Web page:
Two legal dramas, sitcom among best of TV's new season
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Conventional wisdom says the fall 2010 TV season introduces fewer exceptional shows than arrived a year ago, and that's true. But of the better-than-average series, three debut tonight, beginning with fall's best new comedy, ABC's "Better With You" (8:30 p.m., WTAE).
To be sure, it's no "Modern Family," which returns for its second-season premiere tonight at 9, but "Better With You" is a genuinely funny, well-acted traditional sitcom reminiscent of "Dharma & Greg" and other past successful romantic comedies.
This comedy, the only ABC show tonight with a laugh track, follows three couples who are part of a multi-generation family. Lawyer Maddie (Jennifer Finnegan) and boyfriend Ben (Josh Cooke) have been together nine years, but they have not married, which she considers "a valid lifestyle choice." Maddie's younger sister, Mia (Joanna Garcia, "Privileged"), has been dating Casey (Jake Lacy) for only two months, but he's ready to pop the question, much to Maddie and Ben's dismay.
"You're getting married after seven weeks," Ben says to Casey. "It took us that long to settle on a coffee maker, and I'm still not sure we didn't make a huge mistake."
Maddie and Mia's parents, Vicky (Debra Jo Rupp, "That '70s Show") and Joel (Kurt Fuller), have been together 35 years and are full of opinions about what's in the best interest of their daughters.
"Better With You," created by former "Friends" writer Shana Goldberg-Meehan, depicts the different stages of a relationship through these three couples to gentle comic effect. Anyone wary of an abundance of sex jokes, have no fear. This pilot is pretty clean, relying on character humor rather than off-color gags.
The series seems particularly well cast, from veterans such as Ms. Rupp to easy-to-like newcomer Mr. Lacy, who may just be a breakout star thanks to his comic timing and portrayal of Casey as a self-assured free spirit.
While we're on the subject of strong casting, don't overlook CBS's new legal drama that stars Jim Belushi ("According to Jim") and Jerry O'Connell ("Sliders") as colorful Las Vegas defense attorneys.
Nick Morelli (Mr. Belushi) and Pete Kaczmarek (Mr. O'Connell) are "The Defenders," attorneys who fight for their clients, laugh out loud at billboards that feature their larger-than-life images and admire the porn star clients of a fellow attorney in their firm.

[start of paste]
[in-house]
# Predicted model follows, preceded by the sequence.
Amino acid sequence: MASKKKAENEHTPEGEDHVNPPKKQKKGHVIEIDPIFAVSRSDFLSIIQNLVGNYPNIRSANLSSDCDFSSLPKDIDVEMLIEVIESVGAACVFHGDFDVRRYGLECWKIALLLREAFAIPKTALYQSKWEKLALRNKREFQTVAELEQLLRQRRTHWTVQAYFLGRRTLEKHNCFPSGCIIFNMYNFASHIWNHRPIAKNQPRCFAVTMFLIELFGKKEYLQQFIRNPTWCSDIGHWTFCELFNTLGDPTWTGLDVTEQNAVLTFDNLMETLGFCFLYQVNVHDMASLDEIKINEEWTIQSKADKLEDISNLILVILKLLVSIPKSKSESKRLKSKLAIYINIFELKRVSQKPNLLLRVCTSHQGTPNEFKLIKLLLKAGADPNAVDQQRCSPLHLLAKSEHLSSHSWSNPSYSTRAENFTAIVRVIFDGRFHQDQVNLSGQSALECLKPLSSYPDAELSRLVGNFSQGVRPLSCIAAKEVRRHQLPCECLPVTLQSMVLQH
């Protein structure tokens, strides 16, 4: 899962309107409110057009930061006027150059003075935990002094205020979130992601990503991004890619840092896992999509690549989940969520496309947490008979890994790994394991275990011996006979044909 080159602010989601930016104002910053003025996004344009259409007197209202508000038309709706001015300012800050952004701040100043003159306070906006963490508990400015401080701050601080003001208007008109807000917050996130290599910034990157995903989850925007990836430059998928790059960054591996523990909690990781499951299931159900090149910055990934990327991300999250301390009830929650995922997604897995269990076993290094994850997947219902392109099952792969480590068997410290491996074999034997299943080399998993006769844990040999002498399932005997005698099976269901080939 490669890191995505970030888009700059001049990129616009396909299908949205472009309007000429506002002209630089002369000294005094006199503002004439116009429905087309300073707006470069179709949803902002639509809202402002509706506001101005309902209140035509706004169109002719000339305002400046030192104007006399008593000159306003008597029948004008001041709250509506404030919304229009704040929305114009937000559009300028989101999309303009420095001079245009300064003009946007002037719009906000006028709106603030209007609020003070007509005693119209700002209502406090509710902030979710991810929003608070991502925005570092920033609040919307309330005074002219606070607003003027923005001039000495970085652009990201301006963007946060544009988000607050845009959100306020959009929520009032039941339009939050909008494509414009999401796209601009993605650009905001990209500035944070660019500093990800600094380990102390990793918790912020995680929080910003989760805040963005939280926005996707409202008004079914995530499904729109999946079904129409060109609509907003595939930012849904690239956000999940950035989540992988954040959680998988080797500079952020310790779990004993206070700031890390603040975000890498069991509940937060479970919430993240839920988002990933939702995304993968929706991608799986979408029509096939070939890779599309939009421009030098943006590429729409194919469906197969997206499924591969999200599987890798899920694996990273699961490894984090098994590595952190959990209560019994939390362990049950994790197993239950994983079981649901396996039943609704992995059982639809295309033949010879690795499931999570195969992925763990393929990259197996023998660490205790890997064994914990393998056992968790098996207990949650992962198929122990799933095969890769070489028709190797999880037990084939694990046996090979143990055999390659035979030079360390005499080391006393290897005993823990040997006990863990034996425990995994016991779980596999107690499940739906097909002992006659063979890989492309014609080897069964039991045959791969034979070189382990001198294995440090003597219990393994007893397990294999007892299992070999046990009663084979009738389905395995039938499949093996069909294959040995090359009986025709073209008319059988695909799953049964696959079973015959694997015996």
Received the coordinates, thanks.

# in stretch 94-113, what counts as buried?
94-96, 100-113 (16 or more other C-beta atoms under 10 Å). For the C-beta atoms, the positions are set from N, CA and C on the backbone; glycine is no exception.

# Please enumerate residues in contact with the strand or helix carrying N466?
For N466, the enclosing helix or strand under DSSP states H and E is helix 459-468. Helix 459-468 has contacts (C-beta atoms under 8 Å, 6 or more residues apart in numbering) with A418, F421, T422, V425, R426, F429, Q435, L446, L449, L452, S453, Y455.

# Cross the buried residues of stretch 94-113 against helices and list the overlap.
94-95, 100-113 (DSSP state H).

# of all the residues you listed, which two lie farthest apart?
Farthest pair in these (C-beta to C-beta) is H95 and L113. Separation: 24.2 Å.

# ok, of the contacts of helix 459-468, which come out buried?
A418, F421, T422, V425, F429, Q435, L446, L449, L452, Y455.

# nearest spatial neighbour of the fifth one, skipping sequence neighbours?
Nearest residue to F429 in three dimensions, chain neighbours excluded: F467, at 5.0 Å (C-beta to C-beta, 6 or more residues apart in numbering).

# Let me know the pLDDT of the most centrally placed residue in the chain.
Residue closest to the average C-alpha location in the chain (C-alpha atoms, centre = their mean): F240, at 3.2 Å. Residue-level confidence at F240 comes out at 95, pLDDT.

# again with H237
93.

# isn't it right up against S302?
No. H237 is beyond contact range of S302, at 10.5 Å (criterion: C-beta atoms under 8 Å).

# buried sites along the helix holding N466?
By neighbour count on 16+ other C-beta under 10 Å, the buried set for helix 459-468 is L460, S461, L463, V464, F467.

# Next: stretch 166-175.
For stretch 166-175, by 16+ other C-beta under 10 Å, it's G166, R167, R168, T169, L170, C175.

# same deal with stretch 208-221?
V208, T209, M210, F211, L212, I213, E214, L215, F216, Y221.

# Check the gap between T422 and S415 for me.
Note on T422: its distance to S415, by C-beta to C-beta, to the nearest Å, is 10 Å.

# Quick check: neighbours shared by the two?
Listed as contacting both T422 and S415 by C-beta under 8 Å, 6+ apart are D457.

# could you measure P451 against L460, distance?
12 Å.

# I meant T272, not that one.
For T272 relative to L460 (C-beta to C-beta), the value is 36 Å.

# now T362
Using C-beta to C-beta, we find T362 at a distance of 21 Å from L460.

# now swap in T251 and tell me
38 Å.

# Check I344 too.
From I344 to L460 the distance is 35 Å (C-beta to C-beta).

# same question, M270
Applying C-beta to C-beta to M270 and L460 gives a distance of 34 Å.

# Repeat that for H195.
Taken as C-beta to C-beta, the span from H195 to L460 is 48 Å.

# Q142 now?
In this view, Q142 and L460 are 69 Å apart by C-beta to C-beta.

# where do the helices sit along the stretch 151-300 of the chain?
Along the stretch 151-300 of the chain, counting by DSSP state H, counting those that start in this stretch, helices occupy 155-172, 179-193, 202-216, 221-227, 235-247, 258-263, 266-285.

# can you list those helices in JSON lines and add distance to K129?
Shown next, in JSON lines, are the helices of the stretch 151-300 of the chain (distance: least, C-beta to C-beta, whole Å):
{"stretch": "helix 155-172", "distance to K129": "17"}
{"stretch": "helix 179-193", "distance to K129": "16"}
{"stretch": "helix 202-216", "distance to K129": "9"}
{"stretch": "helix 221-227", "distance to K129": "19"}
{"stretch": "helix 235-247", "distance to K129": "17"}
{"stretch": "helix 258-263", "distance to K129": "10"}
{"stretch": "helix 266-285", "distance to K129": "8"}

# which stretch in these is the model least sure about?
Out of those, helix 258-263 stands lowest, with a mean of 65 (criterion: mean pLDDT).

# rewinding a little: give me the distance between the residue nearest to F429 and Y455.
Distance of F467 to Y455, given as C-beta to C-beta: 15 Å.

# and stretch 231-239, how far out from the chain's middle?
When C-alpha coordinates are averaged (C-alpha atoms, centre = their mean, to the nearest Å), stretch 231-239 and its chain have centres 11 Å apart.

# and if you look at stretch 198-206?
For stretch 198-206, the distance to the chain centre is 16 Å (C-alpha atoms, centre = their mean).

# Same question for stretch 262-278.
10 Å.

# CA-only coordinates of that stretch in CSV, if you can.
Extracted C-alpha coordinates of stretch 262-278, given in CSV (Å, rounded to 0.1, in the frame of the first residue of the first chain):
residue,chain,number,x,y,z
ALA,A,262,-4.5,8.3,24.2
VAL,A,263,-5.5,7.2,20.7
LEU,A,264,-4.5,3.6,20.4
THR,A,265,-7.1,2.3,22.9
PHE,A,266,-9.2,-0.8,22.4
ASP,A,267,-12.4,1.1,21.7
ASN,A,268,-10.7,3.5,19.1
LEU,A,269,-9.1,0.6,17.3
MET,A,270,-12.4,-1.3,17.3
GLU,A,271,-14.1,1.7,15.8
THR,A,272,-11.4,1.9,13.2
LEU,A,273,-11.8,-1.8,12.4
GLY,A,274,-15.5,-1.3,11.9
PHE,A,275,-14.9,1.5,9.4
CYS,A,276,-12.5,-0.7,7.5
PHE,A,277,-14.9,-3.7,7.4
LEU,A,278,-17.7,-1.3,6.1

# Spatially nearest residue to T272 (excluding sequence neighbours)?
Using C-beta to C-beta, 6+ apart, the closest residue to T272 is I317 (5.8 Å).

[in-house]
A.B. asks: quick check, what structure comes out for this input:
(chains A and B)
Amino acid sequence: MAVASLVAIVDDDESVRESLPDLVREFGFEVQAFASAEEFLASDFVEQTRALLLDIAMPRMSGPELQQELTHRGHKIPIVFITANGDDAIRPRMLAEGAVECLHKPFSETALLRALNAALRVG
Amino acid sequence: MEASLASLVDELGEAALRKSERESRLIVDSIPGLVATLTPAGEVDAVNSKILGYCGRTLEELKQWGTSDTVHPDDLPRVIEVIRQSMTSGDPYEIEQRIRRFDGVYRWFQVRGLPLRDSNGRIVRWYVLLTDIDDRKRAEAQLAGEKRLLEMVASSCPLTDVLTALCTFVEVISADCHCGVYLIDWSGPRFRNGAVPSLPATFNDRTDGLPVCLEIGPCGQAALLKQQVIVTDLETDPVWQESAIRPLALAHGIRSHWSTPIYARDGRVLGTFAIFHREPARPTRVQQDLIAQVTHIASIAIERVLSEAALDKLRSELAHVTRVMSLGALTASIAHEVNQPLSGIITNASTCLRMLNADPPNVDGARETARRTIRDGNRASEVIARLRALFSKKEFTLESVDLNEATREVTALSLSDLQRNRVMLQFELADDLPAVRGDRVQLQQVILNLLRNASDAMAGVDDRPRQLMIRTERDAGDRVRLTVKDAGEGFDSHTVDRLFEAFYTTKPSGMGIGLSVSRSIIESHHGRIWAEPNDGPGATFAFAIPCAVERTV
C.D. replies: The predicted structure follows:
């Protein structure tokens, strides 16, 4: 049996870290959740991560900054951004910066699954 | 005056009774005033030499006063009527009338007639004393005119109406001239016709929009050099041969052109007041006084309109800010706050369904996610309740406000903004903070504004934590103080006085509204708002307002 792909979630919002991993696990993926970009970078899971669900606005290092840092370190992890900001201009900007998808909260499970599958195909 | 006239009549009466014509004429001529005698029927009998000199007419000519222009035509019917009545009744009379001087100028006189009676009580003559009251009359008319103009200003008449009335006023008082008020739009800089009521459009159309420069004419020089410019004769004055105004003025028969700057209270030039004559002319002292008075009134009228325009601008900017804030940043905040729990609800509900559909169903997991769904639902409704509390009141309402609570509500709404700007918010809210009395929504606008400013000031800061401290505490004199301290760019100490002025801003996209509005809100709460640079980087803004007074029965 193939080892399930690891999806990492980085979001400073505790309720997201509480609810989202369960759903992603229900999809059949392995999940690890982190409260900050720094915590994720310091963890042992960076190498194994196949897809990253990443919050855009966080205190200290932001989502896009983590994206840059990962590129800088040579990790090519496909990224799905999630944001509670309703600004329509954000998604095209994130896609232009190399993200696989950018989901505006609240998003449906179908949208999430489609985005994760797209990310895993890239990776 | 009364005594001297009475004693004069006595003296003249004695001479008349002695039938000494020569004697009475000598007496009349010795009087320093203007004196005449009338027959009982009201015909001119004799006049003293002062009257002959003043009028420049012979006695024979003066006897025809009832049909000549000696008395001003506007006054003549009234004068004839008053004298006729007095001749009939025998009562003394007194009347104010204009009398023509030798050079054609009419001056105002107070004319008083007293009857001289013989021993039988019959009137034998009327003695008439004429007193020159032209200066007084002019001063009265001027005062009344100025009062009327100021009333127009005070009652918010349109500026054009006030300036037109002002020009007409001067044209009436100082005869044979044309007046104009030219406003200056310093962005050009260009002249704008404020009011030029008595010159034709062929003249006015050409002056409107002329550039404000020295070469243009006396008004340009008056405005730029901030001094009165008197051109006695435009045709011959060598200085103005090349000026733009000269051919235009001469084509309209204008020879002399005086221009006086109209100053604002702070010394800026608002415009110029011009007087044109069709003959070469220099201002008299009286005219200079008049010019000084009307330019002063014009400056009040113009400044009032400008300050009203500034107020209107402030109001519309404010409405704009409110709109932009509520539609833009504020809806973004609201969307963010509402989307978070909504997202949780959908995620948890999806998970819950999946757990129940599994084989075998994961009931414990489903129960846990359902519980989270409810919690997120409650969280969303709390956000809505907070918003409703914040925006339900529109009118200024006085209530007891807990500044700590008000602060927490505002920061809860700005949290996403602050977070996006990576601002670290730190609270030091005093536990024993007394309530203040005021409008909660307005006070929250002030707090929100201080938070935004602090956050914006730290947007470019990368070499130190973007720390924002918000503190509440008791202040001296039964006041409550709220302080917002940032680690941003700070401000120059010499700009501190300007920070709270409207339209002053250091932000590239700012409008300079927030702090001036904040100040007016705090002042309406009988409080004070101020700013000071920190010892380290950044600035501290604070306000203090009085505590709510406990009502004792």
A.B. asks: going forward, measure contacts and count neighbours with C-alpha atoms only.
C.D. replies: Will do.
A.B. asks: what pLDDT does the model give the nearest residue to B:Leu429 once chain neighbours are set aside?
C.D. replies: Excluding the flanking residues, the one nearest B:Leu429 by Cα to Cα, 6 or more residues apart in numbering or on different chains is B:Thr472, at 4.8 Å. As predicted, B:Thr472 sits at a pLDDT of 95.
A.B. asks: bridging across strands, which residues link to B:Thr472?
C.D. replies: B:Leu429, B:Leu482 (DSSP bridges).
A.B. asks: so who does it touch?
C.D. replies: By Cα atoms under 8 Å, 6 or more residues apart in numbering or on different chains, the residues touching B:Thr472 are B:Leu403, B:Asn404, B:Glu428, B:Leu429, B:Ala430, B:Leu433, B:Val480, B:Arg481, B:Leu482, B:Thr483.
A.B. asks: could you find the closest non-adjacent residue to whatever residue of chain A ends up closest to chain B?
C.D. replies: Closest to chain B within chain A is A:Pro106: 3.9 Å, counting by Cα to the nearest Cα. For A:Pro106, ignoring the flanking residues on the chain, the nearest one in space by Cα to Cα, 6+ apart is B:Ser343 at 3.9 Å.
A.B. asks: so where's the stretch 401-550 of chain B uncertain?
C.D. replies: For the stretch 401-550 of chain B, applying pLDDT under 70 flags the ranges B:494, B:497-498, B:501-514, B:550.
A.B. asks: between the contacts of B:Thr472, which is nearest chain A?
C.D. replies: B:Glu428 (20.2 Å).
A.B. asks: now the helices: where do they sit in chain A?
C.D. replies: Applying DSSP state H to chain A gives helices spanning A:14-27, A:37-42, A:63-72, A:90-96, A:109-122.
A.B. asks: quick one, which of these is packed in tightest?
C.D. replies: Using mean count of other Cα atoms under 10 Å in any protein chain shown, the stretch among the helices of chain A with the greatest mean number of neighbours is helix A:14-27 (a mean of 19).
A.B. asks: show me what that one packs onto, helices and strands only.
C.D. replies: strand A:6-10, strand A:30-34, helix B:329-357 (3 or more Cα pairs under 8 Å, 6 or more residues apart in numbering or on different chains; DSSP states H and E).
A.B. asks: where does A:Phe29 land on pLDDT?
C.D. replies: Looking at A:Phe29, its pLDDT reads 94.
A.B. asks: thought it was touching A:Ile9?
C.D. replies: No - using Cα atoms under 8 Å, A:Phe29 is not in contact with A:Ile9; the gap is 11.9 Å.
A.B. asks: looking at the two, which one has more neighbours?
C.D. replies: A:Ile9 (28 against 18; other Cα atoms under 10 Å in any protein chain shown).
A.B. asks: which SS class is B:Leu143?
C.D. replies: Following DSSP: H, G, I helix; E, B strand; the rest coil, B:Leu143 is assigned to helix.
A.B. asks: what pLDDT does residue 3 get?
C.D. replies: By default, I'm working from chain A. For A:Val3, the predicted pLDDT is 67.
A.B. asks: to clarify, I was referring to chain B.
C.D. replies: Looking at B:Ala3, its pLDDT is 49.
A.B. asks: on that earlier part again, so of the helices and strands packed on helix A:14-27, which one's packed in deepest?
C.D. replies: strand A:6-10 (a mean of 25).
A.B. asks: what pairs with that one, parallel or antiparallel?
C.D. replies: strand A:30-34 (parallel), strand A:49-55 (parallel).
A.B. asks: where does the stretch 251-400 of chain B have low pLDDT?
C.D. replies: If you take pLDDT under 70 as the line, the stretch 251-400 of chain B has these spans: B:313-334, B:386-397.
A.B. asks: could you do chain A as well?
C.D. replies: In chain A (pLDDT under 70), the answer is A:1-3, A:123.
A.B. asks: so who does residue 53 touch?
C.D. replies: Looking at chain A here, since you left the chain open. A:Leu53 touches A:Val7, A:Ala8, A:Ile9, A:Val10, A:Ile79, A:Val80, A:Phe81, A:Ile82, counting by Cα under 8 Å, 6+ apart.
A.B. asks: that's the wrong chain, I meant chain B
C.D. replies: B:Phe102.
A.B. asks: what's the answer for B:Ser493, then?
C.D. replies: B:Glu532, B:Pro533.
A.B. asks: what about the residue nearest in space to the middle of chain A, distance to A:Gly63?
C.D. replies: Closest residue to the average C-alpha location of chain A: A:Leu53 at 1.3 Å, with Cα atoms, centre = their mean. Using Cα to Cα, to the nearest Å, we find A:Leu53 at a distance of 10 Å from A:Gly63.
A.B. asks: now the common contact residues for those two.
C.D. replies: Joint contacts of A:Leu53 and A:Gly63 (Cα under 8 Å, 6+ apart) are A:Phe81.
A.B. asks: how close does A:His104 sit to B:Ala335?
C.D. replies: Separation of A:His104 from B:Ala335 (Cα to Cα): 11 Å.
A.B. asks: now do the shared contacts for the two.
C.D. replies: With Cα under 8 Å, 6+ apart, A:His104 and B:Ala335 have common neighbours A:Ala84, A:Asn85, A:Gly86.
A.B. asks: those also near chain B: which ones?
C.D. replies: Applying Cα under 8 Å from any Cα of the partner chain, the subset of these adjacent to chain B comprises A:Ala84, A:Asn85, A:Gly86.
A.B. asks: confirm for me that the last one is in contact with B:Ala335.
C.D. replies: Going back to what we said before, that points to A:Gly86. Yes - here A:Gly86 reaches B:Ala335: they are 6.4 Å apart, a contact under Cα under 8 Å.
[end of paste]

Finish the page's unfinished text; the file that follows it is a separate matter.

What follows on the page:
The Defenders" (10 tonight, KDKA) is a standard-issue legal drama, but Mr. Belushi and Mr. O'Connell bring a playful exuberance to their roles that allows the series to rise above its trappings. Mr. O'Connell is all confidence and swagger as he cruises the Strip for meaningless sex; Mr. Belushi displays some of the dumb-daddy tendencies he brought to his former ABC sitcom, but it's more endearing when not accompanied by lame jokes and a laugh track. It also helps that his character is an ace lawyer with a wily streak.
The pilot does have moments of TV silliness -- a prosecuting attorney is rude to a new defense lawyer (Jurnee Smollett) in a completely unbelievable manner -- but the charm of the two lead actors makes the show's missteps easier to ignore.
It's unfortunate that "The Defenders" is scheduled against "The Whole Truth" (10 tonight, WTAE), because the ABC newcomer is also an enjoyable courtroom drama. What sets "The Whole Truth" apart is that it devotes equal weight to the defense and prosecution cases every week, and viewers don't find out if the accused was really guilty until after the jury's verdict during the closing moments of the episode.
A scenery-chewing Rob Morrow ("NUMB3RS") stars as defense attorney Jimmy Brogan, the kind of lawyer who talks loudly and quickly and exhorts his staff, "Let's rock 'n' roll, people!" If Mr. Morrow takes his performance down a notch, the character will be much easier to embrace.
Maura Tierney ("ER") stars as Kathryn Peale, deputy bureau chief in the Manhattan district attorney's office. As in most of her roles, Ms. Tierney elevates the script, playing Kathryn as a hard-charging but sympathetic prosecutor whose personal life takes a backseat to her professional duties.
"The Whole Truth" also gives the appearance of adhering closer to legal reality than what's often seen on TV, particularly on NBC's absurd new Friday night legal drama, "Outlaw."
So which courtroom program should you watch tonight at 10 if you don't plan to record one? Let past preferences guide you: "The Defenders" will play better with fans of colorful characters and "The Whole Truth" is more suited to viewers most intrigued by a legal drama's plot.
First Published September 22, 2010 12:00 am